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Ghana wins maritime boundary case against Ivory Coast
October 12, 2017, 4:08 pm
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In a unanimous ruling last week the Hamburg-based International Tribunal of the Law of the Sea (ITLOS) said that Ghana did not violate the rights of the Ivory Coast in oil exploration within and beyond 200 nm (nautical miles). The court also ruled that Ghana is not entitled to pay any reparation to Ivory Coast for the exploration of oil within the disputed boundaries in the Atlantic Ocean.

The maritime dispute began in 2007 when Ghana discovered oil off its coast which neighboring Ivory Coast laid claims to. Following a series of failed bilateral and multilateral negotiations, Ghana filed a case at the ITLOS in 2014, asking the court to rule on the delimitation of the maritime boundary between the two countries.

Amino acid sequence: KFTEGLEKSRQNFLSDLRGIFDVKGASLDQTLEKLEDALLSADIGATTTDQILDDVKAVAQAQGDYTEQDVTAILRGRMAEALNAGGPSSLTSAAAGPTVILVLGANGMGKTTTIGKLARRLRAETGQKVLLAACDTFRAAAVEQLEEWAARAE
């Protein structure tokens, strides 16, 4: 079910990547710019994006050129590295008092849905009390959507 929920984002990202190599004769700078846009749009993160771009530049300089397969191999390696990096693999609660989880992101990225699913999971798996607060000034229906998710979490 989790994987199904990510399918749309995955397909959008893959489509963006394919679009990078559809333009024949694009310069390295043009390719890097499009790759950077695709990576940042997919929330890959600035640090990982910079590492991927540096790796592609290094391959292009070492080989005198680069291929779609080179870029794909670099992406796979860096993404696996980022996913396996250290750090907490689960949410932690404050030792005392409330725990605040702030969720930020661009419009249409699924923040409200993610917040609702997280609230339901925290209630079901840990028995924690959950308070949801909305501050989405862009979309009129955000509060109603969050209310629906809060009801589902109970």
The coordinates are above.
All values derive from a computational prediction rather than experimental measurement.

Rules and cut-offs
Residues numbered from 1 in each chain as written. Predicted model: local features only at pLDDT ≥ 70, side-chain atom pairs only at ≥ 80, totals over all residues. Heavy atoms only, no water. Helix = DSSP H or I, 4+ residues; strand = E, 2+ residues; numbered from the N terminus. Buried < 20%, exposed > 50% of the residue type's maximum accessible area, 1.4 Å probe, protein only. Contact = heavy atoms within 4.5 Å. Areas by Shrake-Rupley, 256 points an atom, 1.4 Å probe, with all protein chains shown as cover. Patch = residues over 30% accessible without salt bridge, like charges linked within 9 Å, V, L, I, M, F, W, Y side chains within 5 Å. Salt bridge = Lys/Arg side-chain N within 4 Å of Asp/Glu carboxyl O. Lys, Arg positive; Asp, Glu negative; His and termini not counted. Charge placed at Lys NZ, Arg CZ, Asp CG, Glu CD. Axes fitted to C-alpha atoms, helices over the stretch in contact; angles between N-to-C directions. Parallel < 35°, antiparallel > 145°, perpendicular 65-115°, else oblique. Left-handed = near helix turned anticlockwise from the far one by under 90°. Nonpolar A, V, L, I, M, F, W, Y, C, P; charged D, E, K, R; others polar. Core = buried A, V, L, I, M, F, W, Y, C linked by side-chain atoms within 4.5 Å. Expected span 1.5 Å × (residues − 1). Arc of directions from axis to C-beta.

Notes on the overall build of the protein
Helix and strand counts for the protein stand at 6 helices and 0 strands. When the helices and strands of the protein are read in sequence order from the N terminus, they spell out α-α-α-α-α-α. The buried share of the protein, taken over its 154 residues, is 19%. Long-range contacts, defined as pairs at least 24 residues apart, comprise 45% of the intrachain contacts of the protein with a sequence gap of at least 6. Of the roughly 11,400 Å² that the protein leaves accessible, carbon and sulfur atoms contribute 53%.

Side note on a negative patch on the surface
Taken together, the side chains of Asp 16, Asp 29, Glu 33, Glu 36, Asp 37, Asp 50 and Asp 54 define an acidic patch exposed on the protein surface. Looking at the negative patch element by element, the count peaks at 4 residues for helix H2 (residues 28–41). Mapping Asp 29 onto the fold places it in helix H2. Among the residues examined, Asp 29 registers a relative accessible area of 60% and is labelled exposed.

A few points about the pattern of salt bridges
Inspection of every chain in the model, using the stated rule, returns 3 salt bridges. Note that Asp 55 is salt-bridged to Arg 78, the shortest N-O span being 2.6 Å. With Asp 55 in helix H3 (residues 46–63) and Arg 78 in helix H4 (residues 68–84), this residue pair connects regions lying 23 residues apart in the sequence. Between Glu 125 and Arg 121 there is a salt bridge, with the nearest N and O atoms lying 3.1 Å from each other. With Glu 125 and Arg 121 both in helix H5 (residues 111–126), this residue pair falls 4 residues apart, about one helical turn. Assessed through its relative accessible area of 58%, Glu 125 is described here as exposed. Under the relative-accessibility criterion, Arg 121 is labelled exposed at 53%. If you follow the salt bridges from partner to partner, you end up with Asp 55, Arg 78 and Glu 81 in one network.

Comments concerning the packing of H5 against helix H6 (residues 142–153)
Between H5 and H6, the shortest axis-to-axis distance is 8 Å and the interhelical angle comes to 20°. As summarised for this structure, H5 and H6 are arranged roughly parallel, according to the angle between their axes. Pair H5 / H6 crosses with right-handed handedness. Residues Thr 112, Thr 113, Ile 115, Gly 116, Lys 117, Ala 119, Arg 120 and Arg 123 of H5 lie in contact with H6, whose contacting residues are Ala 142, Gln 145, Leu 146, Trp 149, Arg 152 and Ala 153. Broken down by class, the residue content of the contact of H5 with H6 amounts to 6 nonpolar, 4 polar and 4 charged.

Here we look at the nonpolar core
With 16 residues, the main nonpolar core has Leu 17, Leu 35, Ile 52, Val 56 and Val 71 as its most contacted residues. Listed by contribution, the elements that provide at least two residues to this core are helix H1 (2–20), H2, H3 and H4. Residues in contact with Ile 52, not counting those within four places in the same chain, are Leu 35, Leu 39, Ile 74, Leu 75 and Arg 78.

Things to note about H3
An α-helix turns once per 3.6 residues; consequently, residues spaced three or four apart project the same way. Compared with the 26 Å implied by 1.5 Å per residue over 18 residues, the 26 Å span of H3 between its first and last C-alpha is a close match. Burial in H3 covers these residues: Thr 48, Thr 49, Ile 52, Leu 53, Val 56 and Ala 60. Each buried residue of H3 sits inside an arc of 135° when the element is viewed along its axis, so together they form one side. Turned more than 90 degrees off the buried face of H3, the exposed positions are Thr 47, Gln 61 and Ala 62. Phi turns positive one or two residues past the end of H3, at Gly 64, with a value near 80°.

A special chamber was formed in 2015 presided over by ITLOS Vice-President Boualem Bouguetaia and included another member of the Tribunal along with two ad hoc judges to deal with the dispute.

The court in its ruling last week redefined the maritime boundary resulting in a small reduction to Ghana’s boundary claim and rejecting Ivory Coast’s claim. The ruling means Ghana can now keep its oil concessions and develop the Tweneboa, Enyira and Ntome (TEN) oil fields in the area with hopes of boosting production.

 

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